He also started the Music Box Project, his attempt at explaining “Cultural First Response” to the world. Musicians could become first responders themselves and give the art of healing through music in the hardest of times.

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It doesn’t seem like anyone responded to the Cultural First Responder idea. I always thought Burners Without Borders was more about “send in DPW Heavy Machinery” than sending actual Burners in to, well, hang out and play guitar and stuff. Whatever it is we Burners do when in a group setting such as Burning Man, or the Standing Rock protests.

Coincidentally [ding], when Hurricane Katrina struck – being watched live via military satellite from the Playa – and Burners Without Borders was formed in response, Tom had gone to Burning Man to spend 2 weeks setting up an emergency broadcast system.

Image: Facebook

So his first second year at the Playa, he shows up with pre-recorded Public Service Announcements to hand out as part of a test of a pop-up emergency broadcast system in a place with no cell service. Because if it’s one thing everyone brings to Burning Man, it’s CD-ROM drives. This was an “art” project that several many people thought was worth spending 2+ weeks on. They tested it on Tuesday, Katrina hit on Thursday – and by Monday Tom was off to Katrina, large sum of money having been raised. Then he headed straight back to Chicago to found Burners Without Borders.

Where is that Emergency Public Service Announcement system today? Would’ve come in handy during last year’s false Amber Alert.

“Temporary art serves its purpose, it goes away and mankind goes onto the next step. It’s like a shooting star, it’s really beautiful, then it goes away, but the poetry doesn’t stop. We’ve found a way to achieve collective poetry, to achieve creativity in a group. It’s no longer the age of the lone genius working in isolation, waiting for the great discovery. It’s people working together, discovering stuff together, realizing what they have, taking time to celebrate it, but wondering what’s around the next bend.”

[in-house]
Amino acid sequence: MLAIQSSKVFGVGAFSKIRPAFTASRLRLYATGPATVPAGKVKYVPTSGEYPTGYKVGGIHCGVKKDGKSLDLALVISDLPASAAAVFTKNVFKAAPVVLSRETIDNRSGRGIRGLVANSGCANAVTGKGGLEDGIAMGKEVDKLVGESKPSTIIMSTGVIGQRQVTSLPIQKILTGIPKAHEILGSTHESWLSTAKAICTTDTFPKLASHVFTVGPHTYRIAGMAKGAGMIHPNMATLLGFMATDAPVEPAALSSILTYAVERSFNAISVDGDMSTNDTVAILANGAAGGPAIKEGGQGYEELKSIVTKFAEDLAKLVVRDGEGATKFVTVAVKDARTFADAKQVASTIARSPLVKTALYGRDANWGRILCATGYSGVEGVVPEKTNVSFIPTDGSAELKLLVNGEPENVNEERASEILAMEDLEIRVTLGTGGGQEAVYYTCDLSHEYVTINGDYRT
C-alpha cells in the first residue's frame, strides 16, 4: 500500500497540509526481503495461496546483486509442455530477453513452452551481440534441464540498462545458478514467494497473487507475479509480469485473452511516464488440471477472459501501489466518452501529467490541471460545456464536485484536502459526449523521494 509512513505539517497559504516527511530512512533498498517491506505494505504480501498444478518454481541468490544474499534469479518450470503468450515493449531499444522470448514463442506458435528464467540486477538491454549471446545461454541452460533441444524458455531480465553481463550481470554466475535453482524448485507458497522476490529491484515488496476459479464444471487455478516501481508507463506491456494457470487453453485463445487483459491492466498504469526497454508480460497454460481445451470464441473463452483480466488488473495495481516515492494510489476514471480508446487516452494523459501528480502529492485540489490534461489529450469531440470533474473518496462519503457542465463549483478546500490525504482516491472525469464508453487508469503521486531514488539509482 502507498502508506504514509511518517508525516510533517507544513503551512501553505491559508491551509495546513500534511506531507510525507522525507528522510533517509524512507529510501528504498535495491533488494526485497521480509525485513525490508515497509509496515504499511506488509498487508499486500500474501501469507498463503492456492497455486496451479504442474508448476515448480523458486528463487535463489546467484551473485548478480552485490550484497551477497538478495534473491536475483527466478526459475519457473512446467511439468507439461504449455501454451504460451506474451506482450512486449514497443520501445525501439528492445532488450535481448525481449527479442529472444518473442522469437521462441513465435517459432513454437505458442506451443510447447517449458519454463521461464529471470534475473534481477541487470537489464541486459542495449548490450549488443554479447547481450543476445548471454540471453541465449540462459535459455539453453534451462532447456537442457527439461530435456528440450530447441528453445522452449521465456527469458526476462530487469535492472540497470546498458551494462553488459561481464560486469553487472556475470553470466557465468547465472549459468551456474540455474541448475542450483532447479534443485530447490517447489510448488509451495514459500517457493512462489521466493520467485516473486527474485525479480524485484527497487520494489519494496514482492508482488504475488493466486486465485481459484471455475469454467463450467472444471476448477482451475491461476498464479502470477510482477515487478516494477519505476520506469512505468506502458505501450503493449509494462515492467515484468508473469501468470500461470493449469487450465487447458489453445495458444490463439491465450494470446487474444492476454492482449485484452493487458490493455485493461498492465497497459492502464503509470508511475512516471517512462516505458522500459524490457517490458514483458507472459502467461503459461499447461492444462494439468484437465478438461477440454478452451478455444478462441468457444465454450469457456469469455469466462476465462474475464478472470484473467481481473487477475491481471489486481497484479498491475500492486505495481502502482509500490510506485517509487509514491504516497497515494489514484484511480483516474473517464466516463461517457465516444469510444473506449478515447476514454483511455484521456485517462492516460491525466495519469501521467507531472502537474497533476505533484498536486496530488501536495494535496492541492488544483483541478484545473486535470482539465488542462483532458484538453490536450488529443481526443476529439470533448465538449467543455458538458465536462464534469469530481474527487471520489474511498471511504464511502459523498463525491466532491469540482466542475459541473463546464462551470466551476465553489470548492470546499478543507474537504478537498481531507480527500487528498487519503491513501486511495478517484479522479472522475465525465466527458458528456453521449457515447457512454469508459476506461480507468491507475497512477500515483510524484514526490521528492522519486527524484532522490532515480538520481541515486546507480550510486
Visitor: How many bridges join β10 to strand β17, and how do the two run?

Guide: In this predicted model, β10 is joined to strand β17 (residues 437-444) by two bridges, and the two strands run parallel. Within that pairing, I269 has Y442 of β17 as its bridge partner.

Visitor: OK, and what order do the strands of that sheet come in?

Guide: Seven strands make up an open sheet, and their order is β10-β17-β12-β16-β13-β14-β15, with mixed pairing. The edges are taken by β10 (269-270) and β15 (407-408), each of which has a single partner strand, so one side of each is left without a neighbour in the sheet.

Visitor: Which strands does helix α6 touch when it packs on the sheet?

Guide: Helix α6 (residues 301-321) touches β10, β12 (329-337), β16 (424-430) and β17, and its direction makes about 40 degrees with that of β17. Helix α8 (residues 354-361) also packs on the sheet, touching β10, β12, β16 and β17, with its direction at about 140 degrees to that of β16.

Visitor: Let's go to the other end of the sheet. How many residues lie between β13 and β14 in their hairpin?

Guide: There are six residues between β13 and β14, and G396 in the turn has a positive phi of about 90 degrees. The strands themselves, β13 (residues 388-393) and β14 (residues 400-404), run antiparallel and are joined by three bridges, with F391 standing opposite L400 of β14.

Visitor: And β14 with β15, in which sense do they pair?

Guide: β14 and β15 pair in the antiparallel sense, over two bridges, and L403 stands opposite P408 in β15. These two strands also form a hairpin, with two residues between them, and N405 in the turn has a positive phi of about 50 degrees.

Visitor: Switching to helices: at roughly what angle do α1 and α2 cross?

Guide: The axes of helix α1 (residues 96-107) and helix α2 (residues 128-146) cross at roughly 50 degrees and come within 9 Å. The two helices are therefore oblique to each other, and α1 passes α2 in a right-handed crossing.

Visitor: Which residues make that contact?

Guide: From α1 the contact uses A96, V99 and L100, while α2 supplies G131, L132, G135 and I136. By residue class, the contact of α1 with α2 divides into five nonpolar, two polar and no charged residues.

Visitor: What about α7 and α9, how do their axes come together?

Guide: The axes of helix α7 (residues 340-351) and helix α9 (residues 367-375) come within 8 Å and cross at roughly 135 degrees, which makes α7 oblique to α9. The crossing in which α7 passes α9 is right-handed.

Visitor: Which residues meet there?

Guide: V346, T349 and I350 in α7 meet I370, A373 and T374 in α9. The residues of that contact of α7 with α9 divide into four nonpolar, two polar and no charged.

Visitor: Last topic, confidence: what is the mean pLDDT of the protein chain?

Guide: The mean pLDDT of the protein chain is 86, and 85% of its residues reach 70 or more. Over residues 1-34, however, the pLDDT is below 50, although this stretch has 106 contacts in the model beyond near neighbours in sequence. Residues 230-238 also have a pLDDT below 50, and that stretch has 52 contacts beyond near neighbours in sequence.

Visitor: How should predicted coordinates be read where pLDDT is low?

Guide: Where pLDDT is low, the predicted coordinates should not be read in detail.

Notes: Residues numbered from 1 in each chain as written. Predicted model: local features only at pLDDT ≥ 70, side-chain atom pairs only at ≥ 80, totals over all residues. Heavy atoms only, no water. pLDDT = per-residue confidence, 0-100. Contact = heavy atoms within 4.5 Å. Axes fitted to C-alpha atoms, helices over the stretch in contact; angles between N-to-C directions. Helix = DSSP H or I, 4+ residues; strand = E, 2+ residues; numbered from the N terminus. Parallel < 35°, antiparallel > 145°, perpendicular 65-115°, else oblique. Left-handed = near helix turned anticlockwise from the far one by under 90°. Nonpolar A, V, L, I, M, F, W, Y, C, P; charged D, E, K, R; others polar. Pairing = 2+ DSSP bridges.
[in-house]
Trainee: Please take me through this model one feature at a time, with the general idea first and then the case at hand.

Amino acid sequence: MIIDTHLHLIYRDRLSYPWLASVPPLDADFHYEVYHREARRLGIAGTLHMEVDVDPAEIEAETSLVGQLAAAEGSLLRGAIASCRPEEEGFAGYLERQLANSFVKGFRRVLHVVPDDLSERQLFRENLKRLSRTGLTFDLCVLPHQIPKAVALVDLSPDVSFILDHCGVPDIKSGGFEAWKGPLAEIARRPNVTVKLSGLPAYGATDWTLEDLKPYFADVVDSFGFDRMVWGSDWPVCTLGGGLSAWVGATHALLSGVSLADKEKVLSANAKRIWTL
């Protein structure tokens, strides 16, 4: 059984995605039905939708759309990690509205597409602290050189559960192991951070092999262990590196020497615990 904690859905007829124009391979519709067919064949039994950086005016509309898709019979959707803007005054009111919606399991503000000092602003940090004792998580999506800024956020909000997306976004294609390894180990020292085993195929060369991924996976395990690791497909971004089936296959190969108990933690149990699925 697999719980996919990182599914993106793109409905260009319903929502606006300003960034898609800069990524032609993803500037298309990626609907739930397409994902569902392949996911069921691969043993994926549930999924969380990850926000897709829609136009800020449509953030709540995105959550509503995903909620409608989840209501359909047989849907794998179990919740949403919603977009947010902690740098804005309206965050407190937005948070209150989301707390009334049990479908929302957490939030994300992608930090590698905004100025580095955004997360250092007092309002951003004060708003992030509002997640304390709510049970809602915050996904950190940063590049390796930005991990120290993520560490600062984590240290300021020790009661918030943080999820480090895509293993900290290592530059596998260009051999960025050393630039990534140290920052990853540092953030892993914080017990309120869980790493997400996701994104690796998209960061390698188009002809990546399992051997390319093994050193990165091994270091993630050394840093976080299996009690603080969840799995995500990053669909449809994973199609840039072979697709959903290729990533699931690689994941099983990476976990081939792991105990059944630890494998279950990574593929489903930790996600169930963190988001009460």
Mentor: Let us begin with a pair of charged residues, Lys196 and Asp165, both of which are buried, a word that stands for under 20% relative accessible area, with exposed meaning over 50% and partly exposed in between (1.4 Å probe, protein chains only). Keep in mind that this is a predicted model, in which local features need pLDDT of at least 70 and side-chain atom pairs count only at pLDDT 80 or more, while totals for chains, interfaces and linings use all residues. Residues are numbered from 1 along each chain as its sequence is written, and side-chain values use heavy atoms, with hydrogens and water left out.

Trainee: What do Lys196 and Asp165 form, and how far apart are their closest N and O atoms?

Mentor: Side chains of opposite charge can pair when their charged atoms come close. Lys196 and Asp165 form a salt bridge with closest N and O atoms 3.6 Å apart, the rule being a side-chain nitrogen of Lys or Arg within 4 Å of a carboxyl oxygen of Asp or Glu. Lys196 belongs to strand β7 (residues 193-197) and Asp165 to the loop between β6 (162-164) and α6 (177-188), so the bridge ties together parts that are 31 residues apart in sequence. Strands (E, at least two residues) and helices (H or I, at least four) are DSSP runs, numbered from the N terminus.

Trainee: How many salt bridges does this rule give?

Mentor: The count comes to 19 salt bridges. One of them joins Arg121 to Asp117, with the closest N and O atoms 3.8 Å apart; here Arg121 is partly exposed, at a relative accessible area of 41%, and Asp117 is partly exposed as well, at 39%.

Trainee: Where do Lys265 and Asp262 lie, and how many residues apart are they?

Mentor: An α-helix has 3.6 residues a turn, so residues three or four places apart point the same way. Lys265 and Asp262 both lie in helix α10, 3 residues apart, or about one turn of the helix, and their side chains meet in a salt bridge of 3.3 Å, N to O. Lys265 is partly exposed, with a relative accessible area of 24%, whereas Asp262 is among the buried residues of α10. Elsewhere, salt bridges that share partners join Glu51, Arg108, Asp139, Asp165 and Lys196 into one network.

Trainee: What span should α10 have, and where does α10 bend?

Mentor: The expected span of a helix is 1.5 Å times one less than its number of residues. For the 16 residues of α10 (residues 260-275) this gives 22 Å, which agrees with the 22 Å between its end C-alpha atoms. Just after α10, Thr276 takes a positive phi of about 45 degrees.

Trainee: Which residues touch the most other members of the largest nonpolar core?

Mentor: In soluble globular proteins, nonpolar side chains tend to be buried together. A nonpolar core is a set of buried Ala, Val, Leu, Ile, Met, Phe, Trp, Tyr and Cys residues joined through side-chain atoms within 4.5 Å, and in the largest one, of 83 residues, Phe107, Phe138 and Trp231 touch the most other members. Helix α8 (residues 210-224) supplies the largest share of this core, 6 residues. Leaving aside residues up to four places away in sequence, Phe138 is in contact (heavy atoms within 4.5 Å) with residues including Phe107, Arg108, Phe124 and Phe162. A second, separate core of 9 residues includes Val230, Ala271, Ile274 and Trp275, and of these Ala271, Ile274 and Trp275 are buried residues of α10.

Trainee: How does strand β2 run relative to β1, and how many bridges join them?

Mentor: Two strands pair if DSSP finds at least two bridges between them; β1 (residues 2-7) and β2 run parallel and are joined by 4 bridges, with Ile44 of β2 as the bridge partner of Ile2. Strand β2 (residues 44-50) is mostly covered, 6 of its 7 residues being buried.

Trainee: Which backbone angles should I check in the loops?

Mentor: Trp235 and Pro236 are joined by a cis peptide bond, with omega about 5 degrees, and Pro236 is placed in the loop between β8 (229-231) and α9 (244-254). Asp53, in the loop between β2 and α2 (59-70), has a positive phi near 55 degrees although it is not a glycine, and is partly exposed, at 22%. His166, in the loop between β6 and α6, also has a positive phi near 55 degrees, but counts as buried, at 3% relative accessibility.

-Tom LaPorte (1953-2017)

 

Lost Tom died of heart failure, aged 63. He previously had a heart attack on the Playa.

Colleagues and friends are mourning the passing of Tom LaPorte, a versatile and innovative communicator over four decades throughout Chicago media. LaPorte, who was 63, died Wednesday of heart failure, according to multiple reports. He most recently served as Chicago’s assistant water commissioner and spokesman for the department. Before that he was webmaster for CBS Radio all-news WBBM AM 780, webmaster, editor and managing editor of former all-news WMAQ, and producer and news editor for news/talk WIND AM 560. LaPorte also headed media relations for Burning Man Project, a nonprofit arts and performance festival, and taught broadcasting and production at Columbia College Chicago. A graduate of Southern Illinois University and six-time Peter Lisagor Award winner, he began his radio career as public affairs director and news anchor at WCIL in Carbondale, Illinois.

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Communications guru Tom LaPorte reveals the five steps of persuasion artists can use to win attention from collectors, the media, and the public. He also provides a plethora of other practical advice, from how to write a press release to how to incorporate video and live presentations into one’s marketing.

“Artists, by their natures, are often not drawn to aggressive self-promotion…. The ability to communicate through the conventional channels, to get your work known, to get yourself known as an artist and build your communities is something that takes a little bit of practice. Just as your art does.”

Tom LaPorte is a public relations and communications expert based in Chicago. LaPorte was born in Boston in 1953, and his family moved to Chicago in 1960. He earned a Associate of Arts degree in Speech Communication and Rhetoric from the College of DuPage in 1976, and Bachelor of Science in Speech Communications/Radio-TV from Southern Illinois University, Carbondale in 1979. LaPorte held positions in the radio industry for approximately twenty years, including as a writer, producer, and manager of a news room. In 1996 he began working with the Internet, spearheading an effort to audio stream that year’s Democratic National Convention. LaPorte worked as a writer, editor, and webmaster for WBBM-AM for several years before becoming Assistant Commissioner for the City of Chicago in public and media relations. He spent nearly thirteen years in the role before leaving to act as an independent consultant. Since 2004 LaPorte has also coordinated media relations for Burning Man, an annual festival which brings approximately 68,000 artist-attendees to the Nevada desert. Through the festival, LaPorte acts as a pro bono consultant for artists and creatives of all types.